Review: Netflix


It's a fair cop, Netflix isn't a new release on Windows Phone. In fact, it was one of the first, back in 2010. Yet a) it has been consistently updated ever since, and b) we've never (unbelievably) reviewed it before. Which is why, if you're fed up with Christmas TV fare, I thought I should point you in Netflix's direction on Windows Phone - it really does work very well indeed.

Author: Netflix

Version Reviewed: 2.3.201

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I should make it clear at the very start that this isn't any kind of advert and that you won't find any affiliate codes embedded on this page - this is a pure user review and testimonial. As a family, we've tried all the on-demand Internet TV/film packages, and Netflix has proved my favourite. For three reasons:

  1. The monthly sub can be paid by PayPal (for me, this is more convenient that assigning a card).
  2. I've never had a buffering delay, on any device, in almost a year of using Netflix - the streaming system adapts to available bandwidth rather impressively, gradually increasing quality as it's able to and decreasing quality when necessary in order to keep the programme going. In contrast, other streaming services have been more prone to buffering.
  3. It's available on just about every desktop and mobile platform. No proprietary stuff on desktops (e.g. LoveFilm's use of Silverlight) and support on iOS, Android and Windows Phone. In this case, reviewed here, working well on Windows Phone 8.

Screenshot, NetflixScreenshot, Netflix

The Netflix interface on Windows Phone is ultra-simple, but none the worse for this. No Settings menus, no sharing options, no banner ads, no intrusive animations. There's just the main panorama of 'home' (your recently watched content), 'genres', and 'search'. 

Screenshot, NetflixScreenshot, Netflix

It's at this point that I should point out a weak point of Netflix and, indeed, all film/TV streaming services. In order to provide content, they have to do licensing deals with the various publishing houses (so movie studios, TV stations, and so on). No service can afford to license everything, which means that picking any service and asking "Is programme XX or film YY on it?" often meets a disappointing answer. If you're after something definitive in this department then nothing has appeared so far.

Screenshot, NetflixScreenshot, Netflix

Netflix works best when simply browsing and finding something interesting ("Ooh, 'The Princess Bride', I haven't seen that for years" or "Ooh, they've got all of 'Modern Family' here!", etc.), which is what I tend to end up doing, whether on a Windows Phone, on my Android device or any desktop or laptop.

Screenshot, Netflix

One thing that Netflix is good at is remembering. All content gets your 'played' status remembered, for each item, and you can resume it on any device at any stage. In the screenshots below, you can see how much of each programme has been watched. Specifically, looks like I skipped ahead a couple of times and have missed two complete Lynley episodes....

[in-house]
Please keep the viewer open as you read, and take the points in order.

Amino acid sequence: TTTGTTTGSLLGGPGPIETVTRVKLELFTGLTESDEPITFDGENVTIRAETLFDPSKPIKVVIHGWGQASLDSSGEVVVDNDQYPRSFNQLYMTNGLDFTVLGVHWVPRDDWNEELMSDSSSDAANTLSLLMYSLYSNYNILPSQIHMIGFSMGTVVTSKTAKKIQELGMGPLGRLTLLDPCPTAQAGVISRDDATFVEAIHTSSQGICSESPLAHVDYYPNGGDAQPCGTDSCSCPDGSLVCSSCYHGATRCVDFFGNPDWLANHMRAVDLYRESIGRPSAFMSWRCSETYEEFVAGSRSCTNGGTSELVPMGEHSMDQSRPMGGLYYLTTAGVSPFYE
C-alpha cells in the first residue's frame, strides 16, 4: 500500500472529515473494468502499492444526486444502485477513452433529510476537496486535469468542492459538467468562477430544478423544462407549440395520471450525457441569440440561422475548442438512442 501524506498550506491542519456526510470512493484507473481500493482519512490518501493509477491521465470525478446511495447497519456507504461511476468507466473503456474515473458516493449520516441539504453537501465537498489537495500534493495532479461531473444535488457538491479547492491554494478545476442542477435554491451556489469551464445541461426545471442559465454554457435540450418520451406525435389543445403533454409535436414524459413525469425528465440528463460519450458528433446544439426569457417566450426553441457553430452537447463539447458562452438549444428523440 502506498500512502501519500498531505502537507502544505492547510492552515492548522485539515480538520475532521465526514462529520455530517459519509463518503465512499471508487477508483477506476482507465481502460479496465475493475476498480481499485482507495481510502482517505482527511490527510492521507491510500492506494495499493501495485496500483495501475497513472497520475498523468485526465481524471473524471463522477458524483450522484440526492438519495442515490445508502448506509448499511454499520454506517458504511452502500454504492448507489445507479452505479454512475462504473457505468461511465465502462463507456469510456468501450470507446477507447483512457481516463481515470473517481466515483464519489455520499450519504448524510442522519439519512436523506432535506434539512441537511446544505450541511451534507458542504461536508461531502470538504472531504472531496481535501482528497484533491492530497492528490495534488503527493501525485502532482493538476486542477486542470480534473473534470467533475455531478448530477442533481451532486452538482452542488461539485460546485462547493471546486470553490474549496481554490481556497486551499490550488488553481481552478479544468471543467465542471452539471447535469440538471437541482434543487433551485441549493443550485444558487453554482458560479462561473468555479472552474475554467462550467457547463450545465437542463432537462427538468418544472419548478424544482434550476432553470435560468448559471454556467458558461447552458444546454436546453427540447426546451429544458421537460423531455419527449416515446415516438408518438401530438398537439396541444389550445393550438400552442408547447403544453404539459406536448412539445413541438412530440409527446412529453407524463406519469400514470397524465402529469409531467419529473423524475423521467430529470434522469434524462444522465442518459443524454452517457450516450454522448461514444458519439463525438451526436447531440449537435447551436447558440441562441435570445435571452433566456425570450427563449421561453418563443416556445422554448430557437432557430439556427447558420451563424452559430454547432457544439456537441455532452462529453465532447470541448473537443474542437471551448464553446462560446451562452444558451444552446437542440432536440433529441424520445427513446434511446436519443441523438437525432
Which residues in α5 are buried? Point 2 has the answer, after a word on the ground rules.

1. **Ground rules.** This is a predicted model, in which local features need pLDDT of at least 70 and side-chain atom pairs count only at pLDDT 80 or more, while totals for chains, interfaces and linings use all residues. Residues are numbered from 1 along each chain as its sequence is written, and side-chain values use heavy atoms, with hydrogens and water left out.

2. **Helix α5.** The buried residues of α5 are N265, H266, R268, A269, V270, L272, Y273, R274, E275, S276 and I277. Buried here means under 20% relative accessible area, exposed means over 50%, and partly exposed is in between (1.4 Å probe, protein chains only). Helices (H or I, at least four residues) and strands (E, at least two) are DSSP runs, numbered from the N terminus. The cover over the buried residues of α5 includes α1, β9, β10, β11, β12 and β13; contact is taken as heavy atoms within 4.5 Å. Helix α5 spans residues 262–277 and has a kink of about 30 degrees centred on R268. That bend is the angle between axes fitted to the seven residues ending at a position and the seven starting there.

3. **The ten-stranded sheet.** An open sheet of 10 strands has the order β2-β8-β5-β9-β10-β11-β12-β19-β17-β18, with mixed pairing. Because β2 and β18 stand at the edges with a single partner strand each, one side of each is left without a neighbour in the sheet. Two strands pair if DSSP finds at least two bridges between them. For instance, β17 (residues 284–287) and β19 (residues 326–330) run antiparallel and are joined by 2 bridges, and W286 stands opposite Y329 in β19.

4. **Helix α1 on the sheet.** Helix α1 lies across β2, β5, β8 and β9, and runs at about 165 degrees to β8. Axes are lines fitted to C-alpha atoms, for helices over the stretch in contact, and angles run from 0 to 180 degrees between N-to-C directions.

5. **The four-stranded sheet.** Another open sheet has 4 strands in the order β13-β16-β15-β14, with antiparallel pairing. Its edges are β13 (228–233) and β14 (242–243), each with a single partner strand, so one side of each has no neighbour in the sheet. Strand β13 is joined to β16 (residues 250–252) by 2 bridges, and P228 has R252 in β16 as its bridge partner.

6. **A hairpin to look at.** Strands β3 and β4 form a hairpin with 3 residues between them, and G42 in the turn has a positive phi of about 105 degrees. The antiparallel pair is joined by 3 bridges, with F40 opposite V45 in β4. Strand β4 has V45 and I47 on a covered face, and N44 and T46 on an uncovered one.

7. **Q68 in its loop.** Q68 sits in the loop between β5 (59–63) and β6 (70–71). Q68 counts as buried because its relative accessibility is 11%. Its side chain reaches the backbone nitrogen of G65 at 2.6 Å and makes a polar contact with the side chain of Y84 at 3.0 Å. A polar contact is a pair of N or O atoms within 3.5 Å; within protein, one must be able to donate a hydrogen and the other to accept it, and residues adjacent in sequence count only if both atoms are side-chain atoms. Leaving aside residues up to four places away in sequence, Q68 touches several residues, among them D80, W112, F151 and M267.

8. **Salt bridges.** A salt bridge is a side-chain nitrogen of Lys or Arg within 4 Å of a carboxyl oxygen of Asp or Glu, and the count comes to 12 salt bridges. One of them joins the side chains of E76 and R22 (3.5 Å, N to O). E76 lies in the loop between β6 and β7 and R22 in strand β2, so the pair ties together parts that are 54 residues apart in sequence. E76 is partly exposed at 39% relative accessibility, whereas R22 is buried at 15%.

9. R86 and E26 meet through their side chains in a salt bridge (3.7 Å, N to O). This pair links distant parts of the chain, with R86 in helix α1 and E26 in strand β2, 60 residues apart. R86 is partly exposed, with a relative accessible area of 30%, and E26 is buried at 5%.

Screenshot, NetflixScreenshot, Netflix

In fact, never mind, the 'flix' part of the name, Netflix's main strength, for me at least, is in the inclusion of many TV series in their entirety. The Office, Top Gear, Fawlty Towers and many, many more...

Screenshot, NetflixScreenshot, Netflix

Here's an example of the varying bitrates used, according to available bandwidth. If a programme is just starting (i.e. the first few seconds) then you might see something like:

Screenshot, Netflix

Then, magically, the quality will increase dramatically, when the streaming gets going again on your fast Wi-fi connection, for example:

Screenshot, Netflix

The important thing is that you're never left staring at a spinning 'busy' circle. Audio carries on even if the video quality occasionally dips because of connection issues.

Of course, Netflix is a commercial multi-platform service and this review is as much an appraisal of that as it is a review of the specific application on Windows Phone. The latter could be better in one regard on Windows Phone - when switched away from and thereby frozen in the background, you can't then resume immediately later on. Instead, you fast-app-switch back to Netflix and there's the information page for your chosen content - tap on this to resume playback. It would be nice for this to happen automatically if you were in the middle of playback when you interrupted things. Maybe the developers could look at this now that the Windows Phone 8 SDK has been out for a couple of months and is better known?

No complaints overall though - with the gorgeous large screens on the Lumia 920 and HTC 8X (and ATIV S, probably!), having any Windows Phone as a rather decent spare film/TV-watching terminal is excellent. Added to the likes of iPlayer and YouTube, you may never need to both the living room sofa with your presence ever again....!

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